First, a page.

Memory and Confession in Middle English Literature

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Kisha Tracy
306 g
218x151x15 mm
The New Middle Ages

Kisha G. Tracy is Assistant Professor of English Studies, specializing in early British and world literatures, and Co-Coordinator of the Center for Teaching and Learning at Fitchburg State University. Her main research interests include medieval memory and confession, medieval disability, and higher education pedagogy.

This book argues that the traditional relationship between the act of confessing and the act of remembering is manifested through the widespread juxtaposition of confession and memory in Middle English literary texts and, furthermore, that this concept permeates other manifestations of memory as written by authors in a variety of genres. This study, through the framework of confession, identifies moments of recollection within the texts of four major Middle English authors - Langland, Chaucer, Gower, and the Gawain-Poet - and demonstrates that these authors deliberately employed the devices of recollection and forgetfulness in order to indicate changes or the lack thereof, both in conduct and in mindset, in their narrative subjects.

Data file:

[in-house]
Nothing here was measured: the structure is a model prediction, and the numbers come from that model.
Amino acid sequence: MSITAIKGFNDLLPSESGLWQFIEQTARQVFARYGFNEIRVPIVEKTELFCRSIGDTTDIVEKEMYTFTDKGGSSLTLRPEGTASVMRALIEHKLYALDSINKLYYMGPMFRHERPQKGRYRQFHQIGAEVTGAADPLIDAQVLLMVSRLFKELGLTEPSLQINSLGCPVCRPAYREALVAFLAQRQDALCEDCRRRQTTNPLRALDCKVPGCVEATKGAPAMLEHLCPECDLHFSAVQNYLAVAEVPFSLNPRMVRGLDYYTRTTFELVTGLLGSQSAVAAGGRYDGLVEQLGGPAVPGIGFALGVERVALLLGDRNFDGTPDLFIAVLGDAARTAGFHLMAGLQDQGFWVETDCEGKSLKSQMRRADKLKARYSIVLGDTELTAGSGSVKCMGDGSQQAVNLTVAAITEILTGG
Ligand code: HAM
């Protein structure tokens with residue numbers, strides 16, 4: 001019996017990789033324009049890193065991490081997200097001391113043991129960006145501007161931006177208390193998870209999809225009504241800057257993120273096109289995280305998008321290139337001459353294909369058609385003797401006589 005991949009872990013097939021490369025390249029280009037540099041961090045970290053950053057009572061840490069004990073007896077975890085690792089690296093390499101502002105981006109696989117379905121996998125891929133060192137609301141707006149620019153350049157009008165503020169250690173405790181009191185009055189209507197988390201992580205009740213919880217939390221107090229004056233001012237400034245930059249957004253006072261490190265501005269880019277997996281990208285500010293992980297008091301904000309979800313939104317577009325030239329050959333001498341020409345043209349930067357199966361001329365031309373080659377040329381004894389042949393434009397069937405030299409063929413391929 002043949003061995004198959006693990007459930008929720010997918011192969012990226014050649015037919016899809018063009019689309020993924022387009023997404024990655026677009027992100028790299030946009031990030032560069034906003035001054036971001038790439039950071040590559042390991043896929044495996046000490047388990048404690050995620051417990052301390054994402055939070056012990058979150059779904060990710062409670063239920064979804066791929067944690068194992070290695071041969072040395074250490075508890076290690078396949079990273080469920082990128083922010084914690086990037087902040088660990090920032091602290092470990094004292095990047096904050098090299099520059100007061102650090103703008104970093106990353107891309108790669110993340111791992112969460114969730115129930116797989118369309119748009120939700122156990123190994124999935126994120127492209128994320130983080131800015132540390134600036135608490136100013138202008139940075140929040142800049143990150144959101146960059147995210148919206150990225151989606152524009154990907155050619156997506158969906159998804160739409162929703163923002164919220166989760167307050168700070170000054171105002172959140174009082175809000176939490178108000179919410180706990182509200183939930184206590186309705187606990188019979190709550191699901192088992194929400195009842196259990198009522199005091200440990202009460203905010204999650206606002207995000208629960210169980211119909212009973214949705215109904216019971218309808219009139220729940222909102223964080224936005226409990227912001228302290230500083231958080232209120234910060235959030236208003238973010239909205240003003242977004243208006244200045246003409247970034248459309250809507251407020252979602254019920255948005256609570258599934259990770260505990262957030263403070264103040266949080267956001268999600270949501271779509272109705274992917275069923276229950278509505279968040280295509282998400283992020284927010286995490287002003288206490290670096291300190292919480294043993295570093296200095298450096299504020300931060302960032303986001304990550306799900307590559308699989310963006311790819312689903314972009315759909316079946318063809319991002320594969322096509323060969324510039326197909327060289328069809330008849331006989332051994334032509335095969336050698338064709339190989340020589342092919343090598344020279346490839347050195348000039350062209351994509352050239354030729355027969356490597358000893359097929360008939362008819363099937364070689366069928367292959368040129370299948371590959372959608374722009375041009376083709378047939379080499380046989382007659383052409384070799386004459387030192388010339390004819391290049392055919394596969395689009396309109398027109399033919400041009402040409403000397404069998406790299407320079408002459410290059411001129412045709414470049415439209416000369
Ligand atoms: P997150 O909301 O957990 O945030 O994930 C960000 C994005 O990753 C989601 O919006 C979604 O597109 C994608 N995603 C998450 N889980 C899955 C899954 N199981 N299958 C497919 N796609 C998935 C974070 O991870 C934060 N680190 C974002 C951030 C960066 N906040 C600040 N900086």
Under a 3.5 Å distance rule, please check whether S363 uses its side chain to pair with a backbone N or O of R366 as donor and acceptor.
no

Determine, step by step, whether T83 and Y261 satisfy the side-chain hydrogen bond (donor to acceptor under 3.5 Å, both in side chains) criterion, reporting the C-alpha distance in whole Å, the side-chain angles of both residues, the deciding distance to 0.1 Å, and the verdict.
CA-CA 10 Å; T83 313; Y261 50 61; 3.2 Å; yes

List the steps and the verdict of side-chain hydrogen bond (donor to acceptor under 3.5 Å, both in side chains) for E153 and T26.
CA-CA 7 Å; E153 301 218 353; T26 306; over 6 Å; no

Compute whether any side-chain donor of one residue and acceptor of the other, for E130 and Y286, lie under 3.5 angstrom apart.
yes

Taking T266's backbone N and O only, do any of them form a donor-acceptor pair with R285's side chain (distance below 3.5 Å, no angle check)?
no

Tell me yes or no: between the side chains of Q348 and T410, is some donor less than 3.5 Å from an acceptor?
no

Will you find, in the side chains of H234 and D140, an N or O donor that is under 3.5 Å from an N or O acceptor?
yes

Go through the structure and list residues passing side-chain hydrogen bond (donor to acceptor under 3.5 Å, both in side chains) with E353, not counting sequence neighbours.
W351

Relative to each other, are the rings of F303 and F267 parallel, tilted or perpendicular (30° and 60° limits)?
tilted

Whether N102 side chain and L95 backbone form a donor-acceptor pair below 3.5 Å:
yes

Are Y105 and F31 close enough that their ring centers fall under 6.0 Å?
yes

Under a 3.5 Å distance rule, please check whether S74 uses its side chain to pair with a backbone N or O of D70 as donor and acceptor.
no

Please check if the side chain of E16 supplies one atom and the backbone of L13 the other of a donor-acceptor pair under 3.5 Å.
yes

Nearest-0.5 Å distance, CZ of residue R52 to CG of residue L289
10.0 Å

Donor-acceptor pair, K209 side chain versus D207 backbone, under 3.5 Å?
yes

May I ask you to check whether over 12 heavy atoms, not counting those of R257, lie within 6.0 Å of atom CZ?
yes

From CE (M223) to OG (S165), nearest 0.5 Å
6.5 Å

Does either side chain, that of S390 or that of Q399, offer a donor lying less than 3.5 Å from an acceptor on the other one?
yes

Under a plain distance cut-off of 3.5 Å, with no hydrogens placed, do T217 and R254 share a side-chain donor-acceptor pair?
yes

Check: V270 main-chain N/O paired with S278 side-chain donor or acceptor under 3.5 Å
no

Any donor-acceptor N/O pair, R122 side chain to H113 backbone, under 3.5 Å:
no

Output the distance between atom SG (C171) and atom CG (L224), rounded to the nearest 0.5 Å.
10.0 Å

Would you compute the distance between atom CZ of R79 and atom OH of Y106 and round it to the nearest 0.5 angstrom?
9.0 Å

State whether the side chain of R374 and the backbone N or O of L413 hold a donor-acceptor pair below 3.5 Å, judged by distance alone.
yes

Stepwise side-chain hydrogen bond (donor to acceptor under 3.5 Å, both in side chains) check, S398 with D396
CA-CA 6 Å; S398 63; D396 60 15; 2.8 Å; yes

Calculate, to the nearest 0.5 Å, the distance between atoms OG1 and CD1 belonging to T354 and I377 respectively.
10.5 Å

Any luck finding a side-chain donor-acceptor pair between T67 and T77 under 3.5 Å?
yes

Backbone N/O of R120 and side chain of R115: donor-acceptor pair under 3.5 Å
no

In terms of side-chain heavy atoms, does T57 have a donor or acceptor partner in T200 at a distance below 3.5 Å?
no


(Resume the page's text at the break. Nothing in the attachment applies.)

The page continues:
Memory and Confession in Middle English Literature explores memory's connection to confession along with the recurring textual awareness of confession's ability to transform the soul; demonstrating that memory and recollection is used in medieval literature to emphasize emotional and behavioral change. 

Extends previous discussions surrounding memory in medieval studies through its discussion of confession
1 Introduction.- 2 Reducere ad memoriam: A Brief Overview of Confession and Memory.- 3 Langland: Piers Plowman, Recollection, Confession, and the Penitent.- 4 Gower: Confessio Amantis and the Fear of Forgetting.- 5 Chaucer: Romances and the Temporality of Confession.- 6 Gawain-Poet: Sir Gawain and the Green Knight, To Forget or Not to Forget.- 7 Final Thoughts.